“He was in a pot-house on Roanoke, eatin’ fish pie,” Duff said, capitulating. “Baked wi’ oysters and breadcrumbs on the top, and a pint of dark ale to wash it down. Molasses pudding, too.”
“Ye’ve a keen sense of observation, Mr. Duff,” Jamie said. “How’s your sense of time, then?”
“Eh? Oh, aye, I tak’ your meanin’, man. When was it . . . twa month past, aboot.”
“And if ye were close enough to see what the man was eating,” Jamie observed mildly, “then I expect ye were at table with him, no? What did he speak of?”
Duff looked mildly embarrassed. He glanced at me, then up at one of the circling gulls.
“Aye, well. The shape of the arse on the barmaid, mostly.”
“I shouldna think that a topic of conversation to occupy the course of a meal, even if the lassie was particularly shapely,” Roger put in.
“Ah, ye’d be surprised how much there is to say about a woman’s bum, lad,” Duff assured him. “This one was round as an apple, and heavy as a steamed puddin’. ’Twas cold as charity in the place, and the thought of havin’ such a plump, hot, wee bridie in your hands—meanin’ no offense to ye, ma’am, I’m sure,” he added hurriedly, tipping his hat in my direction.
“None taken,” I assured him cordially.
“Can you swim, Mr. Duff?” Jamie asked, his tone still one of mild curiosity.
“What?” Duff blinked, taken back. “I . . . ah . . . well . . .”
“No, he can’t,” Roger said cheerfully. “He told me.”
Duff gave him a look of outraged betrayal over Jamie’s head.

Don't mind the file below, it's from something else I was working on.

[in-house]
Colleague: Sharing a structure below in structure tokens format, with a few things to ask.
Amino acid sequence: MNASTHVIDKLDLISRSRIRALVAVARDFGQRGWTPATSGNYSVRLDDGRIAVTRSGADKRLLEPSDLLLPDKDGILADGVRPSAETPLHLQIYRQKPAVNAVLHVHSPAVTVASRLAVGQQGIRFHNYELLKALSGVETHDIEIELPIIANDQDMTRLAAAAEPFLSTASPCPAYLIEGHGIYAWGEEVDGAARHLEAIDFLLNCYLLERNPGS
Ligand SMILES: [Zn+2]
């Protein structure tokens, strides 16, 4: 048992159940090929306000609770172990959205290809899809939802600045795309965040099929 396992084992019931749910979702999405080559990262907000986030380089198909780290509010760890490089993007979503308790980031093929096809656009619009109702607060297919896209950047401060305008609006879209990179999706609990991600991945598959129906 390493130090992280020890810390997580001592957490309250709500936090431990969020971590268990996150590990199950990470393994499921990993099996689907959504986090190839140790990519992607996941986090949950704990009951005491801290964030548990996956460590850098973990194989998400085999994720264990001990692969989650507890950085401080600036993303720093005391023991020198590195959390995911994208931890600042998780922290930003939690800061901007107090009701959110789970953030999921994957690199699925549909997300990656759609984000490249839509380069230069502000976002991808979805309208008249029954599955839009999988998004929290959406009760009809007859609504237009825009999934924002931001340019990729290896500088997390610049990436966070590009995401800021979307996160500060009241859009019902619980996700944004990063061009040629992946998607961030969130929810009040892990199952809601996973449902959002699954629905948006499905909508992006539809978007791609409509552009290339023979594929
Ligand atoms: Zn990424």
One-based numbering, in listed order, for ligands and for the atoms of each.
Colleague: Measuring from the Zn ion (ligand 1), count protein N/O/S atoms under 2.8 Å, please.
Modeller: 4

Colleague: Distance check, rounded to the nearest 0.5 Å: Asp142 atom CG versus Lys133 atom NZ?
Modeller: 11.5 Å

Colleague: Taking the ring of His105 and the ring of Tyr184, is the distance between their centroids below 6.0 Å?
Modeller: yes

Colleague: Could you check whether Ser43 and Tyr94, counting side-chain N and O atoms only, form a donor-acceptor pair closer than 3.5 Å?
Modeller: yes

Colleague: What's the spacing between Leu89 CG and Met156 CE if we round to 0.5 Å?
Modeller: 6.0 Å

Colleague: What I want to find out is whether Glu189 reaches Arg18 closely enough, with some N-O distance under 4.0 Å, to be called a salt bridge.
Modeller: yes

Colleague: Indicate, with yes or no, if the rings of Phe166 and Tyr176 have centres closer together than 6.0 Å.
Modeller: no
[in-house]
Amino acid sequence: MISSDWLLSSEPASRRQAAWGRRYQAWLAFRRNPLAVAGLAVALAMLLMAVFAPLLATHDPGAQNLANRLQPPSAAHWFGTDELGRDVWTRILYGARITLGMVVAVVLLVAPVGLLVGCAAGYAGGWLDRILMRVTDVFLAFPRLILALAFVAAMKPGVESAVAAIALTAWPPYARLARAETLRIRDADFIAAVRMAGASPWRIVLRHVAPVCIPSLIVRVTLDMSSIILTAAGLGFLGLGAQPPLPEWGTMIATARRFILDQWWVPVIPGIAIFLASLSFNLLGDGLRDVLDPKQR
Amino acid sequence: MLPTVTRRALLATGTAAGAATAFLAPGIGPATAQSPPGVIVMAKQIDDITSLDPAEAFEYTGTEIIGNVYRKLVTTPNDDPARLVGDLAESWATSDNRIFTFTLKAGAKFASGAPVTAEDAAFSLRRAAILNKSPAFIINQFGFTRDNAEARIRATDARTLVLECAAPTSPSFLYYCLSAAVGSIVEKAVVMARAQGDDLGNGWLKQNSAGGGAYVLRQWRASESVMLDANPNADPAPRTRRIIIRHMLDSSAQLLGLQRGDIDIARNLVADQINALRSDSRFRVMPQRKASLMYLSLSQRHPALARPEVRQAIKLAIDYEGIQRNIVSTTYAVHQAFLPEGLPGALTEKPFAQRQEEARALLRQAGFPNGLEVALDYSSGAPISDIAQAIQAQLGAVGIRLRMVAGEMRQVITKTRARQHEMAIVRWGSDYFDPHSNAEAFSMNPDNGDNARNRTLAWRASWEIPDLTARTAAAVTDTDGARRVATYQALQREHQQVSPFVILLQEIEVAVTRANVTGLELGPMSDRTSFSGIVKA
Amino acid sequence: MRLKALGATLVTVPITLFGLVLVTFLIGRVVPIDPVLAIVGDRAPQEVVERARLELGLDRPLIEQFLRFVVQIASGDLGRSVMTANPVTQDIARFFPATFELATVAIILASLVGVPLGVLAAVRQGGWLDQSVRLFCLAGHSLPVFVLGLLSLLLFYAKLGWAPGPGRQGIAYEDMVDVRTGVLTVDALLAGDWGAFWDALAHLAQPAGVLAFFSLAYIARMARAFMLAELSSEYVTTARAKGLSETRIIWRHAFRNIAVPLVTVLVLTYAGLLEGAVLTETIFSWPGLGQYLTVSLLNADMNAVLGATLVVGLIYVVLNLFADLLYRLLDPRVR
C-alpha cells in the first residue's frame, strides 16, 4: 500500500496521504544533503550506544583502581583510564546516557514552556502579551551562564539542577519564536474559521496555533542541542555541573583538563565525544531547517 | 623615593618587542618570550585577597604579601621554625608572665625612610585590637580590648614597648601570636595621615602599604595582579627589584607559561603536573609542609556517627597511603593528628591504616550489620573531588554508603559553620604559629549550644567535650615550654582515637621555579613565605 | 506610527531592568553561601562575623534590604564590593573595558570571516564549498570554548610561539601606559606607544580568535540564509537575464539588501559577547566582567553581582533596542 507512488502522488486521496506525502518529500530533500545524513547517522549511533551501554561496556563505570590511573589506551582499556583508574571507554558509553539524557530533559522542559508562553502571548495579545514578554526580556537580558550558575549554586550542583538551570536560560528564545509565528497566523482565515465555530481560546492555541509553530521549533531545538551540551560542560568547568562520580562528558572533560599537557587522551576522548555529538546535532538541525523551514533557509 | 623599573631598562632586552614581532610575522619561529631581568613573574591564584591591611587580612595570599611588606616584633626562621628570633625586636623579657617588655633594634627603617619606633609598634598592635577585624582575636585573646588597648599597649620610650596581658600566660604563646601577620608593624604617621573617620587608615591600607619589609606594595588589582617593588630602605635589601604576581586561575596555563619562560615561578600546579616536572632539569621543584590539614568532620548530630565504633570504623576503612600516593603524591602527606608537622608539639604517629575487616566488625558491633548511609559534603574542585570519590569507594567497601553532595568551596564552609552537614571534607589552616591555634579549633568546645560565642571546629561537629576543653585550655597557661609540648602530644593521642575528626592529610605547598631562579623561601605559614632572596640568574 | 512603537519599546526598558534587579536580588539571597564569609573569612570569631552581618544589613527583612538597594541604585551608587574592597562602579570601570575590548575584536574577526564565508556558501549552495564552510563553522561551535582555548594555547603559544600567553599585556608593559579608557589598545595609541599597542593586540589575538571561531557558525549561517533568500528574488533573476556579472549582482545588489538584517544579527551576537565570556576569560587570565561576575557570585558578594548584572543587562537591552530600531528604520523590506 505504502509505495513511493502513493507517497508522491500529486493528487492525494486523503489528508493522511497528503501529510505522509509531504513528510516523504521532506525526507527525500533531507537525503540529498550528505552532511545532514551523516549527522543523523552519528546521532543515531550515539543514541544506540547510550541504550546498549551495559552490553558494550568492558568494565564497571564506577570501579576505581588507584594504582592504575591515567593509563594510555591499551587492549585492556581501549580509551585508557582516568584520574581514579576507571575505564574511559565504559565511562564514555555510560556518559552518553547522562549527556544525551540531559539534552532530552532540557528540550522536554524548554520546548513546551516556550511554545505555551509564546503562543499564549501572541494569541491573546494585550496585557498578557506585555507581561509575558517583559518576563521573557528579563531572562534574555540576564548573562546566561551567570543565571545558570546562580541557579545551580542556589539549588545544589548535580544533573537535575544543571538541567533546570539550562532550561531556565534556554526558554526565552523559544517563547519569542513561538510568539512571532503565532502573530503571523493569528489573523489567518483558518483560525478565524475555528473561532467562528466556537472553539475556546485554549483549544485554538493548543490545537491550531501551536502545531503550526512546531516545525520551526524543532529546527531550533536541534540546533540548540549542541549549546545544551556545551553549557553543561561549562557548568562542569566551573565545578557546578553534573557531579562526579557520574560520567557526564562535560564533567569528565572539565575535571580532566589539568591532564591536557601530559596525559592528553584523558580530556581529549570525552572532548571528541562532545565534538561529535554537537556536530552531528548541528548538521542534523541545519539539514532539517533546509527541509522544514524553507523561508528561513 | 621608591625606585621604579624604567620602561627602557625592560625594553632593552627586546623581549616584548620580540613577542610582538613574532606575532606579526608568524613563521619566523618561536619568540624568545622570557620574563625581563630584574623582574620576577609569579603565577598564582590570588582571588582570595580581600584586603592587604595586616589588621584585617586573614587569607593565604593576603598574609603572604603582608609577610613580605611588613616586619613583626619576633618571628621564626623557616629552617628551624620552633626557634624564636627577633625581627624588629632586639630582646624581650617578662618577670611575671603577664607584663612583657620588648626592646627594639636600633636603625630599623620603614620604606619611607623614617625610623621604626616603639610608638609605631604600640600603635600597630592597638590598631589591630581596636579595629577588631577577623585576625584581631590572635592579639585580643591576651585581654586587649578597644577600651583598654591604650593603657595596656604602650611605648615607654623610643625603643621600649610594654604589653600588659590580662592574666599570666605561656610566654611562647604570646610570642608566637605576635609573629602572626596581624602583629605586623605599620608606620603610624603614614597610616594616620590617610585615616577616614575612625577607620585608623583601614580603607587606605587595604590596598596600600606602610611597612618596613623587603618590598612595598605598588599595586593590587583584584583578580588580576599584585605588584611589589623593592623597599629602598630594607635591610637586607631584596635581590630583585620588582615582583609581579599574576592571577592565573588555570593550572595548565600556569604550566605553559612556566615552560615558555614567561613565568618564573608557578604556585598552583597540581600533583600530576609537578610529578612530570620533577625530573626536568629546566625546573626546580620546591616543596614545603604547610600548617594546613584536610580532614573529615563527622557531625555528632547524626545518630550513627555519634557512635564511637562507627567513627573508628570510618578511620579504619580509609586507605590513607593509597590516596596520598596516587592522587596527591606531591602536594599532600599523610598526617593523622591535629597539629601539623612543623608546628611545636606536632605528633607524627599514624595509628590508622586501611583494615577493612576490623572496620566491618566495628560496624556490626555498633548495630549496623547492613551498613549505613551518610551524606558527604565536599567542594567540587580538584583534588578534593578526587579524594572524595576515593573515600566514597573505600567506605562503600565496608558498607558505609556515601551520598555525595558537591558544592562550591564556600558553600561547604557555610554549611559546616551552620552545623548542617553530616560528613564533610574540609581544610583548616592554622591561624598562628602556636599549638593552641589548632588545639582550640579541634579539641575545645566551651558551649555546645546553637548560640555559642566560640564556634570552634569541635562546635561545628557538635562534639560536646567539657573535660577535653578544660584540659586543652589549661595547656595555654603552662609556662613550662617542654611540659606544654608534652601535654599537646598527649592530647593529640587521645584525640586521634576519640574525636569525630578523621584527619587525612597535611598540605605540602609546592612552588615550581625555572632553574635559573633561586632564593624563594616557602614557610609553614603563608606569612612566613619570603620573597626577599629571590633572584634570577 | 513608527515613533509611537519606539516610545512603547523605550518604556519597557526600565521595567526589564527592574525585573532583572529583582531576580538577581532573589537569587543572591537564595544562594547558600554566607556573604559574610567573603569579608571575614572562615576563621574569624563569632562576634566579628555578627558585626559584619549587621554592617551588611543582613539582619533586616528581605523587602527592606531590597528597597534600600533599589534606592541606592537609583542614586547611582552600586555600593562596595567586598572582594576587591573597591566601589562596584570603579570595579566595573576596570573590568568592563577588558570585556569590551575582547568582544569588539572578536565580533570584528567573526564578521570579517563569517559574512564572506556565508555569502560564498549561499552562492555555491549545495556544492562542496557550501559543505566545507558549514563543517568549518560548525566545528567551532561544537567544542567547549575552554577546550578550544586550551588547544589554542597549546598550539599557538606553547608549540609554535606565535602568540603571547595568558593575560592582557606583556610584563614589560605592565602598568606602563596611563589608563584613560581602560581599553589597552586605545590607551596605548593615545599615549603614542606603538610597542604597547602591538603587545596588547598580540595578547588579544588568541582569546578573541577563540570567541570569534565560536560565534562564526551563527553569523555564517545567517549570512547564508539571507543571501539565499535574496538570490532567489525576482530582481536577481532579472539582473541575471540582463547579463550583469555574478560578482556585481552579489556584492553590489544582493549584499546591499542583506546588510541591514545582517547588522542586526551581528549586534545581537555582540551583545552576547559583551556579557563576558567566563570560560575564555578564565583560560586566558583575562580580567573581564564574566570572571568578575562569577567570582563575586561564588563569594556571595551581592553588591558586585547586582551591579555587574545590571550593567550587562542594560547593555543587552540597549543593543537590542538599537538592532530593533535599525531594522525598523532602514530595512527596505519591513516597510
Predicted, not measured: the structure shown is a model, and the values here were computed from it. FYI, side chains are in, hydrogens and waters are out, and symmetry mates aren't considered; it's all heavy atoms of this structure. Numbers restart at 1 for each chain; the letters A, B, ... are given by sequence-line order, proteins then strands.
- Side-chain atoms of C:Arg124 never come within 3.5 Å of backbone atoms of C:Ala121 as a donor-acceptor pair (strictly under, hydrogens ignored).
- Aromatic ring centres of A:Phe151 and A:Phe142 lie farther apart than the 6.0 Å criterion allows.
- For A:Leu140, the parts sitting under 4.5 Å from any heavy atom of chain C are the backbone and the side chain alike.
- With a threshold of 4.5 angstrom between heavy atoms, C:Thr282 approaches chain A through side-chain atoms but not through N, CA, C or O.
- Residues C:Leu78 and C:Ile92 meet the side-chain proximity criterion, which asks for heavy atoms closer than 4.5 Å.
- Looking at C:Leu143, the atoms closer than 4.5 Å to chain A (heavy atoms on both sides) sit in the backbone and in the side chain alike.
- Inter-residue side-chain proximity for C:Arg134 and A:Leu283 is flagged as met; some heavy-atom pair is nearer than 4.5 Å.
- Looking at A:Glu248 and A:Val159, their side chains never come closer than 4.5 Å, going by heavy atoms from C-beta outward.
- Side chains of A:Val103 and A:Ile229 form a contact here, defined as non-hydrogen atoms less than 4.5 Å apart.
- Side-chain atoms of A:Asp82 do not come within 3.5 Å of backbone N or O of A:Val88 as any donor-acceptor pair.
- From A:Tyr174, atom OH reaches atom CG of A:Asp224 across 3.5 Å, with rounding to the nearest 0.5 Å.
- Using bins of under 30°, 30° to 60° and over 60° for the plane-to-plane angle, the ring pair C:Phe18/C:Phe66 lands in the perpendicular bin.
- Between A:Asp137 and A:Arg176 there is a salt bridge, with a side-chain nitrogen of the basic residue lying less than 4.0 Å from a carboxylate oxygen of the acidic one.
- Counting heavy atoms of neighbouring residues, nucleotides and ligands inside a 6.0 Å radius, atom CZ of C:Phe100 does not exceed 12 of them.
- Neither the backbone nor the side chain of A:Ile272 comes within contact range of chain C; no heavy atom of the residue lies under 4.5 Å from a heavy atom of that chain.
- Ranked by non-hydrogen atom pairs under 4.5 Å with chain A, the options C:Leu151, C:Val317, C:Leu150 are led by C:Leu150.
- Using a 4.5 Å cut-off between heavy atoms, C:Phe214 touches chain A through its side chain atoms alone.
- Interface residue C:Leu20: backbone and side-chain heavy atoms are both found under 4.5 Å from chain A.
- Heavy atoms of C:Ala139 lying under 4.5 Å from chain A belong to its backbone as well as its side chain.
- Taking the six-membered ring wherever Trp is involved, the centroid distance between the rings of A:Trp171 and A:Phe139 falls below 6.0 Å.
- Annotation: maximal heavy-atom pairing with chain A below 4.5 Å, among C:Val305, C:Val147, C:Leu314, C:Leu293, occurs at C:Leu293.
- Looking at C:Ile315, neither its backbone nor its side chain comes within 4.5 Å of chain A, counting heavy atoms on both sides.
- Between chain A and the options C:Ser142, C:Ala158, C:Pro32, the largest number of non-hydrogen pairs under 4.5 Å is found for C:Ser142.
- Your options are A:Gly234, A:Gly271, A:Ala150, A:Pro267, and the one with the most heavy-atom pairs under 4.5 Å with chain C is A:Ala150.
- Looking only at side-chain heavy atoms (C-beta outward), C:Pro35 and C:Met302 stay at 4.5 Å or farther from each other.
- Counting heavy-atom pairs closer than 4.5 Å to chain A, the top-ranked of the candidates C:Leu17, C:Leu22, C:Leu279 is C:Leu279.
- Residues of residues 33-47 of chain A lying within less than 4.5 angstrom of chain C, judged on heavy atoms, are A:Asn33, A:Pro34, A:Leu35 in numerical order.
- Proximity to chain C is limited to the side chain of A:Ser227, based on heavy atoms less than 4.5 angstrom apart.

“Well, there’s loyalty!” he said, scandalized. “A fine shipmate you are! Givin’ me away so—ye should be ashamed of yersel’, so ye should!”
Jamie raised his oars, dripping, out of the water, and Roger followed suit. We were perhaps a quarter-mile from shore, and the water beneath our hull was a deep, soft green, portending a bottom several fathoms deep. The boat rocked gently, lifting on the bosom of a long, slow swell.
“Bonnet,” Jamie said, still politely, but with a definite edge. Peter folded his arms and closed his eyes, making it clear that the subject had nothing to do with him. Duff sighed and eyed Jamie narrowly.
“Aye, well. It’s true, I’ve no notion where the man is. When I saw him on Roanoke, he was makin’ arrangements to have some . . . goods . . . brought in. For what that might be worth to ye,” he added, rather ungraciously.
“What goods? Brought in where? And going where?” Jamie was leaning on his shipped oars, apparently casual. I could see a certain tension in the line of his body, though, and it occurred to me that while his attention might be fixed on Duff’s face, he was of necessity also watching the horizon behind Duff—which was rising and falling hypnotically as the swell lifted the piretta and let it drop. Over and over and . . .
“Tea-chests was what I took in for him,” Duff answered warily. “Couldna say, for the rest.”
“Christ, man, every boat on this water brings in the odd bit of jiggery-pokery here and there—surely ye ken that much?”
Peter’s eyes had opened to half-slits; I saw them rest on Jamie’s face with a certain expression of interest. The wind had shifted a few points, and the smell of dead whale was decidedly stronger. Jamie took a slow, deep breath, and let it out again, rather faster.
“Ye brought in tea, then. Where from? A ship?”
“Aye.” Duff was watching Jamie, too, in growing fascination. I shifted uneasily on the narrow seat. I couldn’t tell from the back of his neck, but I thought it more than likely that he was beginning to turn green.
“The Sparrow,” Duff went on, eyes fixed on Jamie. “She anchored off the Banks, and the boats went out to her. We loaded the cargo and came in through Joad’s Inlet. Cam’ ashore at Wylie’s Landing, and handed over to a fellow there.”